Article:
When people ask about the kind of research I do as a sociologist, I usually give the “in a nutshell” description that I study work-life balance for clergy families. And then I promptly follow-up by saying I don’t really believe in work-life balance.
Work-life balance is a common phrase in our culture and a concept we put on a pedestal in hopes we will one day get there. The fact that we idealize work-life balance speaks to the reality that we need better options for the myriad pressures individuals and families face. Careers, kids, aging parents, volunteer work, commitment to a faith community–not to mention self-care and plain old sleep–all compete for our attention and time each day. And since there is only so much attention one can give and only so much time in each day, we frantically try to balance it all out in hopes that we don’t give too much to one area at the expense of another. It sounds nice in theory but in practice this approach is an absolute recipe for failure.
Why did I give up on work-life balance? There are many reasons I find this concept unrealistic and unhelpful in thinking about ways to manage competing demands, and I’ve had the opportunity to reflect and write on this in several contexts and from multiple perspectives. As a sociologist, I am increasingly aware that our lives, commitments, pressures, and pursuits are incredibly complex and fluid, evolving as our broader social, political, economic, and cultural landscape also evolves. And as one who is (like everyone) trying to do more than just keep my head above water when it comes to career, family, faith, and self, my experiences and perspectives have taught me that a top priority at one moment may quickly fall to the bottom of my list as circumstances shift and that it’s okay to live into those changes. The scales are always tipping back and forth, rarely balancing out and more often creating something a bit messy and out of sorts. I think we need to embrace the mess.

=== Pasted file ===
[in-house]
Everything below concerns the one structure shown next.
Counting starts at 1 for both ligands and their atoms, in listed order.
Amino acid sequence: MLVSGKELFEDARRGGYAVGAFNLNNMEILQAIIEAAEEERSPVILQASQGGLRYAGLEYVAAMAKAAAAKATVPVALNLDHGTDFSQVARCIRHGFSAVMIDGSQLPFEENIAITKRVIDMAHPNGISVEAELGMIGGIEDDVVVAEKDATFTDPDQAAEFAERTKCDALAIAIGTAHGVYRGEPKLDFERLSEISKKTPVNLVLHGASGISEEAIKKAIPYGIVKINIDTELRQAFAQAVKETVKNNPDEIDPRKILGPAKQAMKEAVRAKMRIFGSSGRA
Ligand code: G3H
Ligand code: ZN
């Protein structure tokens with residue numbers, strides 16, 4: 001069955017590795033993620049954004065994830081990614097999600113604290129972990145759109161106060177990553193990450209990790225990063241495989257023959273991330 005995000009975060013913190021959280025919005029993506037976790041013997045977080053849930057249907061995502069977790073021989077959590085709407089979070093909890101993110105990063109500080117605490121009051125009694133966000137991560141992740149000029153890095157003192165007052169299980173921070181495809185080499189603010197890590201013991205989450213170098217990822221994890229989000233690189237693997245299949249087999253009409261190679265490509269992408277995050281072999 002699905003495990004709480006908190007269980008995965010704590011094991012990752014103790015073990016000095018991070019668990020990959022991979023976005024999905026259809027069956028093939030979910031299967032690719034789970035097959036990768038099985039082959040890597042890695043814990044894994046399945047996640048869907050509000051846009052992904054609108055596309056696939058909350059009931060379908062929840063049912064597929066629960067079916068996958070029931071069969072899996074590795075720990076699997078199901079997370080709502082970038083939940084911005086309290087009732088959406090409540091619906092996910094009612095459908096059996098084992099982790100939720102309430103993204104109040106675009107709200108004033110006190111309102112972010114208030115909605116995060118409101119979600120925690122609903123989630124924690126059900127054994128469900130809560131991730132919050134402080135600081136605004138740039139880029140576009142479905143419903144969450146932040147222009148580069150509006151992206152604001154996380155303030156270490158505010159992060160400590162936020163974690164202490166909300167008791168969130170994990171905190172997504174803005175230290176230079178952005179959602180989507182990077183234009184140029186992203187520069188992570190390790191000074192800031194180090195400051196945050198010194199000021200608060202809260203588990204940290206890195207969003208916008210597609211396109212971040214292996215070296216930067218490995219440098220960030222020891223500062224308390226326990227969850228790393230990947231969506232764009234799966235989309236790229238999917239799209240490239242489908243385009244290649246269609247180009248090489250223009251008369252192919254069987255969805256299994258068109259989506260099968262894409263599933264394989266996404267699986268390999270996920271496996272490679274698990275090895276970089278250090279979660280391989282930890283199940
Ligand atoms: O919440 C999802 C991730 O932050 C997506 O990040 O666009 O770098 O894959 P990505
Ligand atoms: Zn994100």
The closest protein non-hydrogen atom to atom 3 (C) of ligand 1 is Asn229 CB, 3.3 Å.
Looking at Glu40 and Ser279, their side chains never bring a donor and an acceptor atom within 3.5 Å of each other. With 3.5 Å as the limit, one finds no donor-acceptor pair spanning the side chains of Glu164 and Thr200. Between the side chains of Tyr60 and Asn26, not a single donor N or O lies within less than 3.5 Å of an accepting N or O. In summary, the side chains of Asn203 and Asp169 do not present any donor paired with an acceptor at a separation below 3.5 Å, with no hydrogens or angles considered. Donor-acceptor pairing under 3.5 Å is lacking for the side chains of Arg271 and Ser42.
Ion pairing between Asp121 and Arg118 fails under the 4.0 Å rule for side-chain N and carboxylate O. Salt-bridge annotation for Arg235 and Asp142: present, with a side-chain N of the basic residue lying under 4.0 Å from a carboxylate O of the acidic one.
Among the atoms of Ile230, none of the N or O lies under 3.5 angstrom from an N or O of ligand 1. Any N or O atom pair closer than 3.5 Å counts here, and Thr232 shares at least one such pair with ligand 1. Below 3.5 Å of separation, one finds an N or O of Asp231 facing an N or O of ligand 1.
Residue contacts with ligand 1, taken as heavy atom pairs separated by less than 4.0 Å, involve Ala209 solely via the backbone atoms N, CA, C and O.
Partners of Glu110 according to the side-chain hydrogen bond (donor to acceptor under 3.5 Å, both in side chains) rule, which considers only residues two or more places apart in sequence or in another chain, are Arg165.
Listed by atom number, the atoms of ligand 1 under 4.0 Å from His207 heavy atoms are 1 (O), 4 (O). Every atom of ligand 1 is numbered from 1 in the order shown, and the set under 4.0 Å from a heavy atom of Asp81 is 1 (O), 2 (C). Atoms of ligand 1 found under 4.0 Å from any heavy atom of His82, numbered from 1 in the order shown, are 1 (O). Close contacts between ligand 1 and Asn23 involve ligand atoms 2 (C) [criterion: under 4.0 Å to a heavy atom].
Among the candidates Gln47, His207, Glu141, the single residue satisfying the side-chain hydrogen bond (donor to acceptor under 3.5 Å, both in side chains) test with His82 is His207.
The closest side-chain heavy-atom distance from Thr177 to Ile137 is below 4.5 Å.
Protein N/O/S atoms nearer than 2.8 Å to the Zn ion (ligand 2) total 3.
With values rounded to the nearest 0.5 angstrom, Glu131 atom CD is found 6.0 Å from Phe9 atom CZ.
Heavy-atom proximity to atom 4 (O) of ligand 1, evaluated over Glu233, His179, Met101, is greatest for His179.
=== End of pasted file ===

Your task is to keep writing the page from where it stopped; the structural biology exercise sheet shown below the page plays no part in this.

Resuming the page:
It wasn’t until I experienced life in a clergy family and started studying other clergy families that I truly realized how misguided work-life balance really is and where I learned that embracing the mess is the way forward. I don’t like messes–few people do but assuming we can seamlessly balance it all is sort of like hauling the dried-up Christmas tree out of your house in January and thinking the process will be neat and tidy. It’s not and it never will be so why even create such unrealistic expectations? As I’ve lived into life in a clergy family, I’ve found that it’s a lot less about balance and a lot more about weaving together a life. Terms like “weaving” or “integration” are more in line with my experience and the experiences of those I interviewed. These terms provide more salient imagery because they imply mutuality, fluidity, and complexity. When we weave pieces together, we are creating a complete whole where the various elements offer shared support. It can be neat and balanced, but when there’s a snag in the fabric, the other parts keep the whole together. That’s more in line with my experience.
“Weaving” is a theme for this blog and the metaphor I will use to frame my reflections on on faith life, friendships, self-care, family, and identity. If you are hoping my posts will offer a quick, magical solution to the competing demands of clergy family life, you may be disappointed. I hope instead you continue along on this journey as I write more about what it means to embrace the mess, and why that can be a really great thing.
Lenore Knight Johnson, PhD